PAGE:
Dear Dr. Fox: I have a 3-year-old female cat named Bijoux. She weighs 16 pounds, very overweight, yes, I know. She is constantly hungry. I have been feeding her Meow Mix Tender Centers.
My vet did a blood test on her, and her triglycerides came back at 1,044. I was told that this was serious and could lead to many complications.
What can I do to help my cat? L.M., West Palm Beach, Fla.
Dear L.M.: This is a very common problem with cats on dry kibble — they can become food addicts, refuse to eat other kinds of cat food and wind up with various health complications. These include metabolic syndrome, obesity, diabetes, arthritis, fatty liver disease, high blood pressure and heart problems.
The kind of manufactured food you are giving her is in the “junk food” category. You should transition her to a canned cat food such as Halo, Wellness or Friskies, grain-free, or, ideally, my home-prepared diet or the Honest Kitchen’s freeze-dried cat food.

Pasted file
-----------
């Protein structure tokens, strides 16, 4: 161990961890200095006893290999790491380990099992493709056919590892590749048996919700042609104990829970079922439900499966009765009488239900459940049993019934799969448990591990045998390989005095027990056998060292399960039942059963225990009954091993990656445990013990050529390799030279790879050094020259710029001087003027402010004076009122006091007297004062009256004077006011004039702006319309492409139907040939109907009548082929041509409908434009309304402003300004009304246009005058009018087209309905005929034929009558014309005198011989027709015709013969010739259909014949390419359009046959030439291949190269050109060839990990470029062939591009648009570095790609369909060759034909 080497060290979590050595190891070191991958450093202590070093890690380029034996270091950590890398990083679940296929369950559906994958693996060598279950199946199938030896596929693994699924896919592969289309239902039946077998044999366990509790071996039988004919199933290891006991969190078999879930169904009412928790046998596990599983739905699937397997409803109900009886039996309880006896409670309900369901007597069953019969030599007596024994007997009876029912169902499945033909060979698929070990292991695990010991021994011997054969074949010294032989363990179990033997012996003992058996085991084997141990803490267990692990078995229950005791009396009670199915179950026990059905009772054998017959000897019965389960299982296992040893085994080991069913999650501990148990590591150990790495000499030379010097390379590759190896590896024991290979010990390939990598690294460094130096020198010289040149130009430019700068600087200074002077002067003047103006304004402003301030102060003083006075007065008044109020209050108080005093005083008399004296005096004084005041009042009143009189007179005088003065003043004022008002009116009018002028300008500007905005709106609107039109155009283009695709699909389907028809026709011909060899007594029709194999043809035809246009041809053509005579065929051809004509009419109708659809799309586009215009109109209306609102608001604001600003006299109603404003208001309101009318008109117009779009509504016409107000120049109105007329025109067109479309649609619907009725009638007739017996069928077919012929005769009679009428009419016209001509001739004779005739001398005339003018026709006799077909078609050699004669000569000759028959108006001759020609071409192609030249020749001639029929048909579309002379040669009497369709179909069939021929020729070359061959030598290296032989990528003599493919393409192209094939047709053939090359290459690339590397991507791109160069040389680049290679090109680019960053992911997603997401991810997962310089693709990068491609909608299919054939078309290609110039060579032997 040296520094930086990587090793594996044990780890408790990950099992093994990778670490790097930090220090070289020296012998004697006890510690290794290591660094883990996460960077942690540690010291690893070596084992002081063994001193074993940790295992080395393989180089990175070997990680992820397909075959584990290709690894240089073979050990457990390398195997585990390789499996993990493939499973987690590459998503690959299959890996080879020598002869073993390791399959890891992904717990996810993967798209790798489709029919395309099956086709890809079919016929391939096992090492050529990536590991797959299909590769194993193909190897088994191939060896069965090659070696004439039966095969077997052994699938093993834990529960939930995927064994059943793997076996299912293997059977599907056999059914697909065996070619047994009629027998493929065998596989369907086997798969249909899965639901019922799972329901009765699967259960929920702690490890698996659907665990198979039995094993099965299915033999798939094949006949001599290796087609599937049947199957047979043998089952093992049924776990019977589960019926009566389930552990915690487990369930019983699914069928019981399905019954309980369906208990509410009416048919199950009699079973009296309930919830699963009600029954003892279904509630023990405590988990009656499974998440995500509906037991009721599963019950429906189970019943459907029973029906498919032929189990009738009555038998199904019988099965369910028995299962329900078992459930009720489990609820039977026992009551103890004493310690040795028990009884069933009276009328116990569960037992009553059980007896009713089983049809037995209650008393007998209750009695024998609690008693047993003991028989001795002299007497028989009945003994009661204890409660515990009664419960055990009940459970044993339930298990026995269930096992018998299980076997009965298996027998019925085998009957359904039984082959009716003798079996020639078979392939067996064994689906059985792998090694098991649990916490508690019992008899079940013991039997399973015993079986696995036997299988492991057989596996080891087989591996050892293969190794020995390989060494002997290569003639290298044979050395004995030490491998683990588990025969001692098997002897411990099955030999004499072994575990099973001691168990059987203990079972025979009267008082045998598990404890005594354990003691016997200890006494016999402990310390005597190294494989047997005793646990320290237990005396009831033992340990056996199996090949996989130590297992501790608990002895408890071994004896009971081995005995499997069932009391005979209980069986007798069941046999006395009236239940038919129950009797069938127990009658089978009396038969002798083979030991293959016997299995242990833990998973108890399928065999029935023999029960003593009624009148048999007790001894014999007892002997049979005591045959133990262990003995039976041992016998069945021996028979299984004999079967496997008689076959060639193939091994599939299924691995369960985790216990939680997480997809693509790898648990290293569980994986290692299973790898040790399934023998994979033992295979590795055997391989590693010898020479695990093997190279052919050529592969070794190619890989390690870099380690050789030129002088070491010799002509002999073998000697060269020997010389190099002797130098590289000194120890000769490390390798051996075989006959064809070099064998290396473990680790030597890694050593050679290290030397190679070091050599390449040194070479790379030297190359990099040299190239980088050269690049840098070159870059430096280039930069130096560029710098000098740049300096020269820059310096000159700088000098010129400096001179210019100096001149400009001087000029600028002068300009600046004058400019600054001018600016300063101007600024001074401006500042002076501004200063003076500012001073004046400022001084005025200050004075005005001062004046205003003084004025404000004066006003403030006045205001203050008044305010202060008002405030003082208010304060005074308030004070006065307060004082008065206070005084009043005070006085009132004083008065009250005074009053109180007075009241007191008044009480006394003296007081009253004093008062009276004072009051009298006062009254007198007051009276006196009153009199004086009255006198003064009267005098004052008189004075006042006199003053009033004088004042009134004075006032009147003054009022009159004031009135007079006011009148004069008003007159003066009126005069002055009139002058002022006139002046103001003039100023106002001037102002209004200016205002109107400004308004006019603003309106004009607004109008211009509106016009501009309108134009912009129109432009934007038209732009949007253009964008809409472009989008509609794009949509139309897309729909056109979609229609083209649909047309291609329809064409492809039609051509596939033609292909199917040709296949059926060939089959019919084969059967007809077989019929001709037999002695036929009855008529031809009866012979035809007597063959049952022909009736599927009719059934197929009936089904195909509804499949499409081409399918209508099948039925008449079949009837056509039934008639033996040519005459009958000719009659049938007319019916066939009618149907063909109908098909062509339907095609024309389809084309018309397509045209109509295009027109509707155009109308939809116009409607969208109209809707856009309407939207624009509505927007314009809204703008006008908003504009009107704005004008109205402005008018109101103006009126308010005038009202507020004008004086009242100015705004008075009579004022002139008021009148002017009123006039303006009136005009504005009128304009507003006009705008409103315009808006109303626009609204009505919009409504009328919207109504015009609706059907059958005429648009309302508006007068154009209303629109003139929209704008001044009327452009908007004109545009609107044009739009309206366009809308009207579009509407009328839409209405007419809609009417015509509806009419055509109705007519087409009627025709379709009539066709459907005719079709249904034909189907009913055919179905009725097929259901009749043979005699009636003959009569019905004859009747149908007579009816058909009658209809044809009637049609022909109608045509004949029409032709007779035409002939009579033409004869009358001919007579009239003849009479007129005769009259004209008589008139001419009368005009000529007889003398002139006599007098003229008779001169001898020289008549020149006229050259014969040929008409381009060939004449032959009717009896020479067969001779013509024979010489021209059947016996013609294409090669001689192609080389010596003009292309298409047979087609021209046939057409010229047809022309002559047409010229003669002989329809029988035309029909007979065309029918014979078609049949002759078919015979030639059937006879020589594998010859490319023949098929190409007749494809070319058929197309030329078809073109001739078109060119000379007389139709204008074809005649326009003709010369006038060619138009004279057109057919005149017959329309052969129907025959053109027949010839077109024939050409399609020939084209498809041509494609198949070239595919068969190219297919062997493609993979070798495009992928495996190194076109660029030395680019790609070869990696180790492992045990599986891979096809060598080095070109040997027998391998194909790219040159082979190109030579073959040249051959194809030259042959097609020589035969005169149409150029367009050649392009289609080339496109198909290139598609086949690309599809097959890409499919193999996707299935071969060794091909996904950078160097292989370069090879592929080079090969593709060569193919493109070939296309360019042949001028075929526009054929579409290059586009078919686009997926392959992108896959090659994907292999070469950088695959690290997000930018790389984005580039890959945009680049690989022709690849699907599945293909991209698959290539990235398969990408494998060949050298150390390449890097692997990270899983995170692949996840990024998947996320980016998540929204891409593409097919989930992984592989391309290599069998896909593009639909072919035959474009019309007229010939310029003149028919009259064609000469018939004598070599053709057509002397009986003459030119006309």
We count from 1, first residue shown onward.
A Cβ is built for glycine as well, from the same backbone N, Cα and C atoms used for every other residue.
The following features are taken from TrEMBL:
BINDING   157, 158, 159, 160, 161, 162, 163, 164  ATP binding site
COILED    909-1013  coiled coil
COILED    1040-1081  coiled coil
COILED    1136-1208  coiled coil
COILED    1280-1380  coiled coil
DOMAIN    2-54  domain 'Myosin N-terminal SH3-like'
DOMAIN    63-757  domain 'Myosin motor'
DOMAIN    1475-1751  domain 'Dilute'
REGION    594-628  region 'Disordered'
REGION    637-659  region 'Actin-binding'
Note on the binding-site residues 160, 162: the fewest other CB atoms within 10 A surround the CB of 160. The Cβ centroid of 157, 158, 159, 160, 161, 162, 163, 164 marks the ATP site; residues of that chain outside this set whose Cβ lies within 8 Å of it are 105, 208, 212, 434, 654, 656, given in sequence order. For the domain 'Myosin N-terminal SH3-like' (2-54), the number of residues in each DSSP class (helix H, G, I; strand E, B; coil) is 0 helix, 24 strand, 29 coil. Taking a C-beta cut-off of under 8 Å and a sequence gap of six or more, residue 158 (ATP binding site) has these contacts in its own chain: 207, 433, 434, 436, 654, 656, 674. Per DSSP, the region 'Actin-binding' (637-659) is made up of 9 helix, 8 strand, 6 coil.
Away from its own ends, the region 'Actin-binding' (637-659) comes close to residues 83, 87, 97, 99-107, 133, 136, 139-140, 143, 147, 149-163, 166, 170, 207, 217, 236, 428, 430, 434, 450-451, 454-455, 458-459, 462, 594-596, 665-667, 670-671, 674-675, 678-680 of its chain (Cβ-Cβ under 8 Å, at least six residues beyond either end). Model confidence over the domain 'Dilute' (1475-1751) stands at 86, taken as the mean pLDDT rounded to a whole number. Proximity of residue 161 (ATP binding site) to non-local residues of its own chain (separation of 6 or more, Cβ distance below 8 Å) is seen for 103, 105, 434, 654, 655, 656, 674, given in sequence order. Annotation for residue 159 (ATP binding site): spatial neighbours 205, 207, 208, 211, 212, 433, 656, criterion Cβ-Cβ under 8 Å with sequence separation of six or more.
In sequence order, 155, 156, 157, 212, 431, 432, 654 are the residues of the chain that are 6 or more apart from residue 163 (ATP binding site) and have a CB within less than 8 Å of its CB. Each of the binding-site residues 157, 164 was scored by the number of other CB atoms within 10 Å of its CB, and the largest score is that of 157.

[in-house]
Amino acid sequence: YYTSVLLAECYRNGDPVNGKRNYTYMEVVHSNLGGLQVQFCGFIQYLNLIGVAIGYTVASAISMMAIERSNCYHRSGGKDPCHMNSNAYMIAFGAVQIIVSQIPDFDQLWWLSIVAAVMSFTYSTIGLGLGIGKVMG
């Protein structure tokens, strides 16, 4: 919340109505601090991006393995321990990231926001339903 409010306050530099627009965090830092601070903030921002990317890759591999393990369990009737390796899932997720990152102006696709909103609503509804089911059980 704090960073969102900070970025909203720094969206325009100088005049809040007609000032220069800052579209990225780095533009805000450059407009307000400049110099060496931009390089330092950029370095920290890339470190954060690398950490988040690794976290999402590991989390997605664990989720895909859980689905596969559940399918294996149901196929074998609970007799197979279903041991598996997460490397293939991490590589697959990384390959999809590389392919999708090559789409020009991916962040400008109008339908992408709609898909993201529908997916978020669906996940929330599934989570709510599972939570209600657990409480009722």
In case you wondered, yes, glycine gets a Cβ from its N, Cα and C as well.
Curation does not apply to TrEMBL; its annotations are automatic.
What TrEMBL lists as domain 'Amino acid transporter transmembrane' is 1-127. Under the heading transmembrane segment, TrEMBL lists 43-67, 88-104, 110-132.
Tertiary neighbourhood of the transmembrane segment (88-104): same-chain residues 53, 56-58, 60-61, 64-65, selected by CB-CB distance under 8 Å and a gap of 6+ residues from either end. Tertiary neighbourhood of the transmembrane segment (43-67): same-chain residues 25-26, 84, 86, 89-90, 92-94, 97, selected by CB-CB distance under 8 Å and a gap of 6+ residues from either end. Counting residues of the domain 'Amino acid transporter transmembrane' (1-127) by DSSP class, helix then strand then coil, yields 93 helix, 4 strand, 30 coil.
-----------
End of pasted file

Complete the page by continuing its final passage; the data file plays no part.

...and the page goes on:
Try different varieties of moist, grain- and soy-free cat foods. Feed her a heaped teaspoon only, on a regular schedule, six to eight times a day. Weigh her every three to four weeks, and if she is not losing weight, make it a level teaspoon.
Most cats do best having several small meals daily on a clean plate, well-washed to remove any odor of old food. Avoid all dry and semi-moist cat foods.
Dear Dr. Fox: Fall is here and mice are getting in. Exterminators want to use poison baits. Are there alternatives? G.V., Houston
Dear G.V.: Adopt two kittens from your local shelter (if you have no cats currently) and keep them indoors, of course. Their scent will deter mice, and they may be good chasers and catchers.
Essential oil of peppermint in handfuls of absorbent kitty litter can be a deterrent, distributed where mice may travel in your home. Or try putting the same in old socks, if the mice are in the attic or ceiling.
Avoid using poisons, especially outdoors. They get into the larger ecosystem and poison raptors, foxes, stray cats and other wild carnivores that may eat the bait or poisoned mice that may not die inside your home. One’s own pet could also be poisoned inside.
There are humane traps for use in-home, and the mice can be trapped and released to fend for themselves in a local parkland or field. Glue traps are wholly inhumane, and wire-snap traps do not always quickly kill.